Condo owners protest eatery County appeals board hears neighbors object to Chick-Fil-A site

'We're neophytes'

Declining property values, congestion, 'gaudy' signs noted

October 14, 1998|By Alice Lukens | Alice Lukens,SUN STAFF

When Kenneth L. Chamberlain bought a townhouse condominium in Ellicott City two years ago, he never dreamed that someone would build a Chick-Fil-A drive-through restaurant practically across the street.

Chamberlain, 62, a retired engineer, didn't even know until a month ago that zoning laws would allow it. Chamberlain and about 40 of his neighbors attended a Howard County Zoning Board of Appeals hearing in Ellicott City last night to protest the planned fast-food restaurant.

Late last night, Chamberlain was still testifying and the board had not voted on whether to let the project proceed.

Chamberlain, president of the Ellicott Park Townhouse Condominium Section Two Association Inc., a group of 56 condominium owners on Lee Farm Court, argued on behalf of his neighbors that the proposed restaurant would lower their property values and cause traffic congestion.

"Our only hope is that it will not result in a fatality," he said.

But Joe Dinoto, the prospective owner and operator, sought to convince the Zoning Board and the neighbors that his restaurant is not like most fast-food outlets.

"We don't consider ourselves fast food," said Dinoto, who owns and operates the Chick-Fil-A in the Mall in Columbia. "Quick service, yes, but there's nothing fast about the way we prepare our food."

Chamberlain and the other Lee Farm Court residents are doing whatever they can to stop the restaurant from being built.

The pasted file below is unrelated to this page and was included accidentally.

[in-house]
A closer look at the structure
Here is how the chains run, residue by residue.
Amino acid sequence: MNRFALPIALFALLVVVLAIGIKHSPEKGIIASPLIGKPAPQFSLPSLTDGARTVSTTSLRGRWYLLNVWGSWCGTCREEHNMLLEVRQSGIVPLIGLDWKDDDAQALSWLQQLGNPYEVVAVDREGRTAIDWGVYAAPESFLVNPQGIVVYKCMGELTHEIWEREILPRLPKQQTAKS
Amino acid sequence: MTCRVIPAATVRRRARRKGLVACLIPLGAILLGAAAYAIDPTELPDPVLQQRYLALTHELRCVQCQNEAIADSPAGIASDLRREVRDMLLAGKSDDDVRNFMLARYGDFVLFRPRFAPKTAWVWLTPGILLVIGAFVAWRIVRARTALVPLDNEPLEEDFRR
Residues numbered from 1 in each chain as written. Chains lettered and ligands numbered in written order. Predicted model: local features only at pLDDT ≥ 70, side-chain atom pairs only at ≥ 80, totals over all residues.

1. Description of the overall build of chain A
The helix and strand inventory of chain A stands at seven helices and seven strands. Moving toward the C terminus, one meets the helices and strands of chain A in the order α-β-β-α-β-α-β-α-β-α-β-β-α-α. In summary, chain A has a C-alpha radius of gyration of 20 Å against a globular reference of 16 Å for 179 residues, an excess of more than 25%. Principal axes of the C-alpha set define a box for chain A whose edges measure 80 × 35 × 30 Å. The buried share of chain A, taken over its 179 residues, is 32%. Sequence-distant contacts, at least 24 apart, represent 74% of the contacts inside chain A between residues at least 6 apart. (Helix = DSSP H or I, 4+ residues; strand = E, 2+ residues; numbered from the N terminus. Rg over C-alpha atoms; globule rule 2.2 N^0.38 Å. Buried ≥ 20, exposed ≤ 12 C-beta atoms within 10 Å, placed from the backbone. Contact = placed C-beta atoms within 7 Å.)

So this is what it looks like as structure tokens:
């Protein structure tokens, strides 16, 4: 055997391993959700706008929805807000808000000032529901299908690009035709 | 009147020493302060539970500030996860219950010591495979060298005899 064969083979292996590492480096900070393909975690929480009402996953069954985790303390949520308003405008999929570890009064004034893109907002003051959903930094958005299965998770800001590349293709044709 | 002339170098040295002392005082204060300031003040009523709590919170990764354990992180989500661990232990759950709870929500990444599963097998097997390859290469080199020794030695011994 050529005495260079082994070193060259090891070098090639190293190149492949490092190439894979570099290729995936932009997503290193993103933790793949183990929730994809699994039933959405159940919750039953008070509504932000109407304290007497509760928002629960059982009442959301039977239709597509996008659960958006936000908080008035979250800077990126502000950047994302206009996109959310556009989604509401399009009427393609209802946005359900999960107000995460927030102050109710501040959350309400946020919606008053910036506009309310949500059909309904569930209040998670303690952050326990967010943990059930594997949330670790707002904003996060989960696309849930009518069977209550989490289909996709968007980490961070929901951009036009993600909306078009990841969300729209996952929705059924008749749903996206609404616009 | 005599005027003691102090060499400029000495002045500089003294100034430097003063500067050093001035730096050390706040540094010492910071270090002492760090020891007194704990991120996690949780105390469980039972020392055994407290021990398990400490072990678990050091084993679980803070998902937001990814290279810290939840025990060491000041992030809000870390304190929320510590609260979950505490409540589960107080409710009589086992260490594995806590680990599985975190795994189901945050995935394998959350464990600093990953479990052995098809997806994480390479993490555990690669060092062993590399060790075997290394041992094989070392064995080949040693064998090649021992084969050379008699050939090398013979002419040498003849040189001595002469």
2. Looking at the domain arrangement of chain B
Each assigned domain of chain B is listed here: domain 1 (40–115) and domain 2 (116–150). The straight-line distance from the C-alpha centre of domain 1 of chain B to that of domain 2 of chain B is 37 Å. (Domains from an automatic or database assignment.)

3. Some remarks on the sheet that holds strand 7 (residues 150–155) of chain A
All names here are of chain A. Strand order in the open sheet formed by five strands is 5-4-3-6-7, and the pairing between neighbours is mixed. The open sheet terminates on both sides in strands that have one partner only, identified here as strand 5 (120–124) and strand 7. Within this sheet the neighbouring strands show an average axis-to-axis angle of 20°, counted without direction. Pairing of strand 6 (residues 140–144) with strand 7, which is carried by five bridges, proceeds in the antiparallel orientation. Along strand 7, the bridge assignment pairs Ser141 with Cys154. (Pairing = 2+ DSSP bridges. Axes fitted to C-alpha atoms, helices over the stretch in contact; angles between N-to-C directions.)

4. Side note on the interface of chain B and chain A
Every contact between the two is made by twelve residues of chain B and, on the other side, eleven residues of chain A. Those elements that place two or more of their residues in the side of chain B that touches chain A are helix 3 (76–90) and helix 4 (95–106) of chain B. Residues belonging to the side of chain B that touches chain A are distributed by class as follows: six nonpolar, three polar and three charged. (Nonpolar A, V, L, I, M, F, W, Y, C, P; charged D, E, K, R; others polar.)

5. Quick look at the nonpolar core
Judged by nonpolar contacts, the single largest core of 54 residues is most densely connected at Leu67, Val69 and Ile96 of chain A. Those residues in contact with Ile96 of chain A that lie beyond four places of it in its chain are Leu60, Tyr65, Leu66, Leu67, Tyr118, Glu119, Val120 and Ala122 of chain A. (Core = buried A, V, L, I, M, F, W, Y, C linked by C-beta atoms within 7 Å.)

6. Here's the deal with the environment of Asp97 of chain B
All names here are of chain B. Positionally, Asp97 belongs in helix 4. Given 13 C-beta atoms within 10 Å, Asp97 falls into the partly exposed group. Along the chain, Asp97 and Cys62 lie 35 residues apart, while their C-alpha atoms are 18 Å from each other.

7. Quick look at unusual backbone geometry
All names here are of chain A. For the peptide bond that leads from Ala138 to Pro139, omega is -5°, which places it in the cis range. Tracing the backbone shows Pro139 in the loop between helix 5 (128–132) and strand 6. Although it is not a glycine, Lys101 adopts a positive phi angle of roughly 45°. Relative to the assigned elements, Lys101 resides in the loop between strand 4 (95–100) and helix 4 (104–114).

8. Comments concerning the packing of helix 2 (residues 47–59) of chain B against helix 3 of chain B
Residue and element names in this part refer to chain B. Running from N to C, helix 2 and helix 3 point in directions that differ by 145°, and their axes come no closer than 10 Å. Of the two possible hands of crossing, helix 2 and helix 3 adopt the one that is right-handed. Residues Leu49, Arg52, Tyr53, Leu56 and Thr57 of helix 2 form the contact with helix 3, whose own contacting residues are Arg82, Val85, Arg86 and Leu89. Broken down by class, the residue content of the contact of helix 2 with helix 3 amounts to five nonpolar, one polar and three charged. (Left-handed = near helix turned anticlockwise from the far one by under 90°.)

"We're a small community and we're tired of being somebody's pawn," Chamberlain said before the meeting. He and the other residents live off Executive Park Drive on a parcel across the street from the proposed restaurant.

The appeal last night focused on a requested waiver that would allow a Dumpster to sit closer to Route 100 than normally permitted.

But the waiver, Chamberlain said, is the least of residents' problems. They believe their property values will fall as a result of congestion and "gaudy-looking" fast-food signs so close to their homes. They worry about loitering teen-agers and a possible increase in crime, he said.

"Who wants to live in a retail area?" asked Chamberlain.

He said he paid about $170,000 for his home and estimates the average townhouse in the area sells for about $156,000. "I bet I couldn't get near what I paid for this place," he said.

When Chamberlain heard about the proposed Chick-Fil-A he wrote a letter to Joseph W. Rutter Jr., director of the Department of Planning and Zoning for Howard County, and sent copies to local politicians. He prepared a petition protesting the waiver, which 69 residents signed.

Despite his efforts, he feels overwhelmed by the process.

"We're neophytes," Chamberlain said. "We don't have all the rules, and I'm afraid that we're a fish out of water.

"I feel helpless," he added. "Absolutely helpless."

Pub Date: 10/14/98

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